You should know the score by now – I install application FOO into “C:\Program Files\Foo Inc\Foo” and it has a built-in manifest stating that asInvoker is used for its requested privilege level, allowing standard users to run it.
Attempts by standard users to write to “C:\Program Files\Foo Inc\Foo” do not fail with “access denied” (as they would have on version of Windows prior to Vista), but instead the disk write is redirected to the user’s own profiles (under “%userprofile%\AppData\Local\VirtualStore\Program Files”).
So far, so good – the application is happy as it believes it is able to write to a system protected area of the volume even when running without admin rights.
But imagine that FOO has an “automatic updater” or a “launcher” stub process whose job it is to check the current version of the application and download an update package & apply it…
The write operation is virtualized into the user’s profile, so the new patch will download okay – but when it comes to apply it this is also virtualized and the file it is updating or replacing is not in VirtualStore… so it fails.
Re-run the launcher and it will either start over with the download of the update, or try again to apply it and fail once more.
There are now plenty of apps (and games) that will run okay without admin privileges, but they have problems patching because of UAC virtualization unless the launcher was started elevated (or by the Administrator, who is the only user exempt from UAC as per my previous blog entry).
So how to leave UAC enabled and be able to use and update this program as a standard user?
First, we need to verify that the application is not being virtualized – when it is running you can check in Task Manager and right-click the process name – in the context menu if there is a check against “UAC Virtualization” then we need to create a manifest so the OS thinks it is “UAC aware”.
If the executable is named FOO.EXE, the manifest in the same folder needs to be FOO.EXE.MANIFEST, and it is just a human-readable XML file.
(Bear in mind if there is a stub launcher it may be necessary to create a similar manifest for the main executable too.)
Based on the example on MSDN, the contents of the manifest file would be something like this:
|<?xml version="1.0" encoding="UTF-8" standalone="yes"?>
<assembly xmlns="urn:schemas-microsoft-com:asm.v1" manifestVersion="1.0">
<description>The Amazing Foo (Launcher)</description>
If using Notepad to create the file, make sure to save the file in quotation marks to avoid .txt being appended to the name.
Now, launching FOO.EXE should not trigger an OTS prompt and UAC virtualization should be disabled – note that if the application is trying to write to its folder then it will now have errors as it is behaving as Windows XP would.
(We could disable just the OTS prompt but leave the application UAC virtualized by using the Application Compatibility Toolkit to create a shim to set requestedPrivileges=asInvoker and import it with sdbinst.exe, but this blog is about working around an application’s design flaw to disable UAC virtualization.)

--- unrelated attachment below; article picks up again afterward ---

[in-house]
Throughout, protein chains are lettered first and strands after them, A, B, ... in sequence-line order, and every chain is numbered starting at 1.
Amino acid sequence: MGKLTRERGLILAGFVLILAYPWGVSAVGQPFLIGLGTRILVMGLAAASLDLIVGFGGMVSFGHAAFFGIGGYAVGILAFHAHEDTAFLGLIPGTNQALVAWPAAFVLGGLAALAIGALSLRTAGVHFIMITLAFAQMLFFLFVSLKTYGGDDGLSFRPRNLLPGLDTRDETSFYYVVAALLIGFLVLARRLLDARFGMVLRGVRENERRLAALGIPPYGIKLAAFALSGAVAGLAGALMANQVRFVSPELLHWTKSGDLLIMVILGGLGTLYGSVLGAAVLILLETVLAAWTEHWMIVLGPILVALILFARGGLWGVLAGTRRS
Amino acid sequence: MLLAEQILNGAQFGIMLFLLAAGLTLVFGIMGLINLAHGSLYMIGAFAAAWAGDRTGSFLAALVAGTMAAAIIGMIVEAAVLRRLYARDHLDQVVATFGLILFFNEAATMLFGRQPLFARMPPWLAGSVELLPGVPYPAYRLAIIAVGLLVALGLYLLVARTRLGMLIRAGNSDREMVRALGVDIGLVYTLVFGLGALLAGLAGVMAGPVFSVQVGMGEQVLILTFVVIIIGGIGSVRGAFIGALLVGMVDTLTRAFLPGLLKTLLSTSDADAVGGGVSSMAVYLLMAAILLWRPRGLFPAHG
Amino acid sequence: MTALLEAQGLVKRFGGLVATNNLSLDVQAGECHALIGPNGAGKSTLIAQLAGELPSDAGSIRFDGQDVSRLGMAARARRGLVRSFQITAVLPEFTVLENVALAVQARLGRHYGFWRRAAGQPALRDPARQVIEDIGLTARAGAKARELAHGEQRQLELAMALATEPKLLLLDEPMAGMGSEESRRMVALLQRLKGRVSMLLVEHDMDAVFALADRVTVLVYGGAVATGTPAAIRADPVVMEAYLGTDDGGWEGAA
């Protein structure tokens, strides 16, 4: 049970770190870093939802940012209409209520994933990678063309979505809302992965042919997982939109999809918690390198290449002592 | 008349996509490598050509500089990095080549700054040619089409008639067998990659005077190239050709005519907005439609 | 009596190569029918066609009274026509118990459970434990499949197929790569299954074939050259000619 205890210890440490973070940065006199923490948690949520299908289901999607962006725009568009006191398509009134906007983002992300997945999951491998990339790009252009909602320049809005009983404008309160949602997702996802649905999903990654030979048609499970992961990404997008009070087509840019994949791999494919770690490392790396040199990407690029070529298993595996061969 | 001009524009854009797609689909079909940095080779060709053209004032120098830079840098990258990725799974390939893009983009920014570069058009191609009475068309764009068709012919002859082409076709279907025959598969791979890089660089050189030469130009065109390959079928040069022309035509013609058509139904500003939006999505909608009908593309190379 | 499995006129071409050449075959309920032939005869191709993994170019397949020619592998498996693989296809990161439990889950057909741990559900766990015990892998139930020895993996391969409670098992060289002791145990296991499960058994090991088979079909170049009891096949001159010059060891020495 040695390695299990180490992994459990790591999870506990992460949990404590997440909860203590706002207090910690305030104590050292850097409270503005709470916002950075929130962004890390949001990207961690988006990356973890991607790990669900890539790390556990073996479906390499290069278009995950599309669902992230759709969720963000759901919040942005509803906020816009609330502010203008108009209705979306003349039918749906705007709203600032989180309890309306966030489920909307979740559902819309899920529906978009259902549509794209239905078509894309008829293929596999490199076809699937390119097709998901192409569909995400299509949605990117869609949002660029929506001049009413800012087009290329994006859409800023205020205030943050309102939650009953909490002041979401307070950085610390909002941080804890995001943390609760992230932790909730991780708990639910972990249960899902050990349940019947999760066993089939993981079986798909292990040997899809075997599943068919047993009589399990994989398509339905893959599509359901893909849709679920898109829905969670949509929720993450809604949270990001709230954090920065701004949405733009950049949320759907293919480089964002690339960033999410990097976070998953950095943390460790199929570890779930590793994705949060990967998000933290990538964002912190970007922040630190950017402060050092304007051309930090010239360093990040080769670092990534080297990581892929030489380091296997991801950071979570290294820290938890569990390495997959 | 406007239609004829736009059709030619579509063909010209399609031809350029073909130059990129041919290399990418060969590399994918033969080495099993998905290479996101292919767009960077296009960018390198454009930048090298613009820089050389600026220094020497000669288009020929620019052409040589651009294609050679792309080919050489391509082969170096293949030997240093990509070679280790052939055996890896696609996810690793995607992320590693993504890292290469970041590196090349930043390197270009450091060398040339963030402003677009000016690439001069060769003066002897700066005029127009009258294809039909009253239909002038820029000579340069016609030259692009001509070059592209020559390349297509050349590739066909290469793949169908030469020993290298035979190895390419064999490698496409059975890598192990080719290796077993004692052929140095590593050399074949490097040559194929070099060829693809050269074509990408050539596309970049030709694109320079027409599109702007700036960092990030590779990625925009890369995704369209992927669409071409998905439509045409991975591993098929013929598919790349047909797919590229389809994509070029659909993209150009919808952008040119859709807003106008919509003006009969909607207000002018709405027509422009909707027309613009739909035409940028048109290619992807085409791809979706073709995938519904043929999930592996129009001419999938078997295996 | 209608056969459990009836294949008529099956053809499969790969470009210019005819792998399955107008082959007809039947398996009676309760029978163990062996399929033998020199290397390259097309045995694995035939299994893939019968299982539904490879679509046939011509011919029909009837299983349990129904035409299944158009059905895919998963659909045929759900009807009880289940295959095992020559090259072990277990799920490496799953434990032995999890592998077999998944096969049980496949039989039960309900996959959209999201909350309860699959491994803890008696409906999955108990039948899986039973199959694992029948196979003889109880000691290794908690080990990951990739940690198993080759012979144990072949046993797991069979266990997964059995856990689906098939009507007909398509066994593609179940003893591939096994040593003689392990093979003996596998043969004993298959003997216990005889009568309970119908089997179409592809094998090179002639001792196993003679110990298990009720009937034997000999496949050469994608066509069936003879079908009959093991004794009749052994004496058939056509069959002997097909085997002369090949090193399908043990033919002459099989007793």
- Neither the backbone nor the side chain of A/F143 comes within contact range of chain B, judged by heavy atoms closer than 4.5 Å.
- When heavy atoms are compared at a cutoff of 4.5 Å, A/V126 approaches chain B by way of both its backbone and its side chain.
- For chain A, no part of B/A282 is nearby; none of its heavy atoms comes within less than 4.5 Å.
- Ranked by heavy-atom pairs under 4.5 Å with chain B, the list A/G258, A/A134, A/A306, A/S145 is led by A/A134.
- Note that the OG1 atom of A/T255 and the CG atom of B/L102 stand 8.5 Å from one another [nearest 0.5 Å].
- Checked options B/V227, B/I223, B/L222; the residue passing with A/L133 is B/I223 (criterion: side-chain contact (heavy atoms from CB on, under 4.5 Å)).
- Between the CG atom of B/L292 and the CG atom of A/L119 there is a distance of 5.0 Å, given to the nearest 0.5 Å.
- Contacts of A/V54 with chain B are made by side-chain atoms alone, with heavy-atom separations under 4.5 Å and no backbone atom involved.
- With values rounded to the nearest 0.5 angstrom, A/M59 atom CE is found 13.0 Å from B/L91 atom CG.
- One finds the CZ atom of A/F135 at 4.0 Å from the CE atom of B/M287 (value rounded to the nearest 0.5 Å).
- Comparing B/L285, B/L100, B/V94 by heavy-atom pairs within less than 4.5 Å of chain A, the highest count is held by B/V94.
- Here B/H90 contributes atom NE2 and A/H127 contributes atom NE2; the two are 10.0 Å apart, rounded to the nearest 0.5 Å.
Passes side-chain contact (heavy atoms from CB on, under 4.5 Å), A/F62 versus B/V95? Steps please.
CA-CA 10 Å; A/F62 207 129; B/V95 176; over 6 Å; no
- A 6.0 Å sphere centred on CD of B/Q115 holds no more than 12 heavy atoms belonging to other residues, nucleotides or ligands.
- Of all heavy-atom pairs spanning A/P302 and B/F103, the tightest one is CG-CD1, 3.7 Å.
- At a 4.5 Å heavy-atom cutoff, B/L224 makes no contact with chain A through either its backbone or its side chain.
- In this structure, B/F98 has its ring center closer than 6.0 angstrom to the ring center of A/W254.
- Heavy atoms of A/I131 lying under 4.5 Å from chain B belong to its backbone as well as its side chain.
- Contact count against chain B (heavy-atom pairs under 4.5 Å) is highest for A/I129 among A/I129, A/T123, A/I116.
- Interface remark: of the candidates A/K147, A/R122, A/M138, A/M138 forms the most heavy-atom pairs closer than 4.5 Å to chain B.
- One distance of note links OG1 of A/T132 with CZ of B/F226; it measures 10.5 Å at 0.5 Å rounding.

So the next thing we need to do is to grant the required permissions on the folder we’re trying to write to.
In this case the easiest thing is probably to take “C:\Program Files\Foo Inc\Foo” and set:
– the owner to the group “Users”
– permissions for group “Users” to Full Access
This will let anyone authenticated as a member of the Users group able to create and delete files in this folder – but you should also check the permissions on the files & folders that are already there to ensure that Users have Full Access on those too, or editing/deleting existing files may fail.
A quick way to check the owner of a folder or file is to use the /Q switch for DIR at a command prompt:
C:\Program Files\Foo Inc\Foo>dir /q
Directory of C:\Program Files\Foo Inc\Foo>
2010-08-11 15:27 <DIR> BUILTIN\Users .
Here you can see I’ve set ownership of the folder itself (“.” is the current folder) to “Users”, but it has not changed the owner of the items in the folder.
(You can also add the “Owner” column when browsing the folder in Explorer, but you won’t see “.” or “..” in this case.)
ICACLS can be used for viewing and editing permissions at an elevated command prompt:
C:\Program Files\Foo Inc\Foo>icacls *
foo.exe NT AUTHORITY\SYSTEM:(I)(F)
foo.exe.manifest NT AUTHORITY\SYSTEM:(I)(F)
Successfully processed 3 files; Failed processing 0 files
We can then change the owner of the files, if we work with just foo.exe as a simple example:
C:\Program Files\Foo Inc\Foo>icacls foo.exe /setowner BUILTIN\Users
As CREATOR OWNER (a member of Users) we now have permission to change the permissions even without the process being elevated:
C:\Program Files\Foo Inc\Foo>icacls foo.exe /grant BUILTIN\Users:F
Finally, we can verify that our discretionary ACE is there (note the lack of “(I)” indicating inheritance):
C:\Program Files\Foo Inc\Foo>icacls foo.exe
Successfully processed 1 files; Failed processing 0 files
This sounds like a lot of work, but remember we are fixing a compatibility issues for an application that somebody else designed, and if it’s done correctly (and there are no other quirks of the application) it shouldn’t need doing again.
An alternative that at least one vendor did to get round this for non-technical users was to move the installation folder for the app (actually a game) into the %PUBLIC% folder (the “public” or “all users” profile) which is not UAC virtualized, and grant permissions for anyone to write there.
1. If an application wants to write to the %SYSTEMROOT% folder, I would never recommend taking ownership or trying this method – the vendor should fix their application in this case.
2. Similarly, I would never advocate taking ownership of the %PROGRAMFILES% folder itself as this reduces security.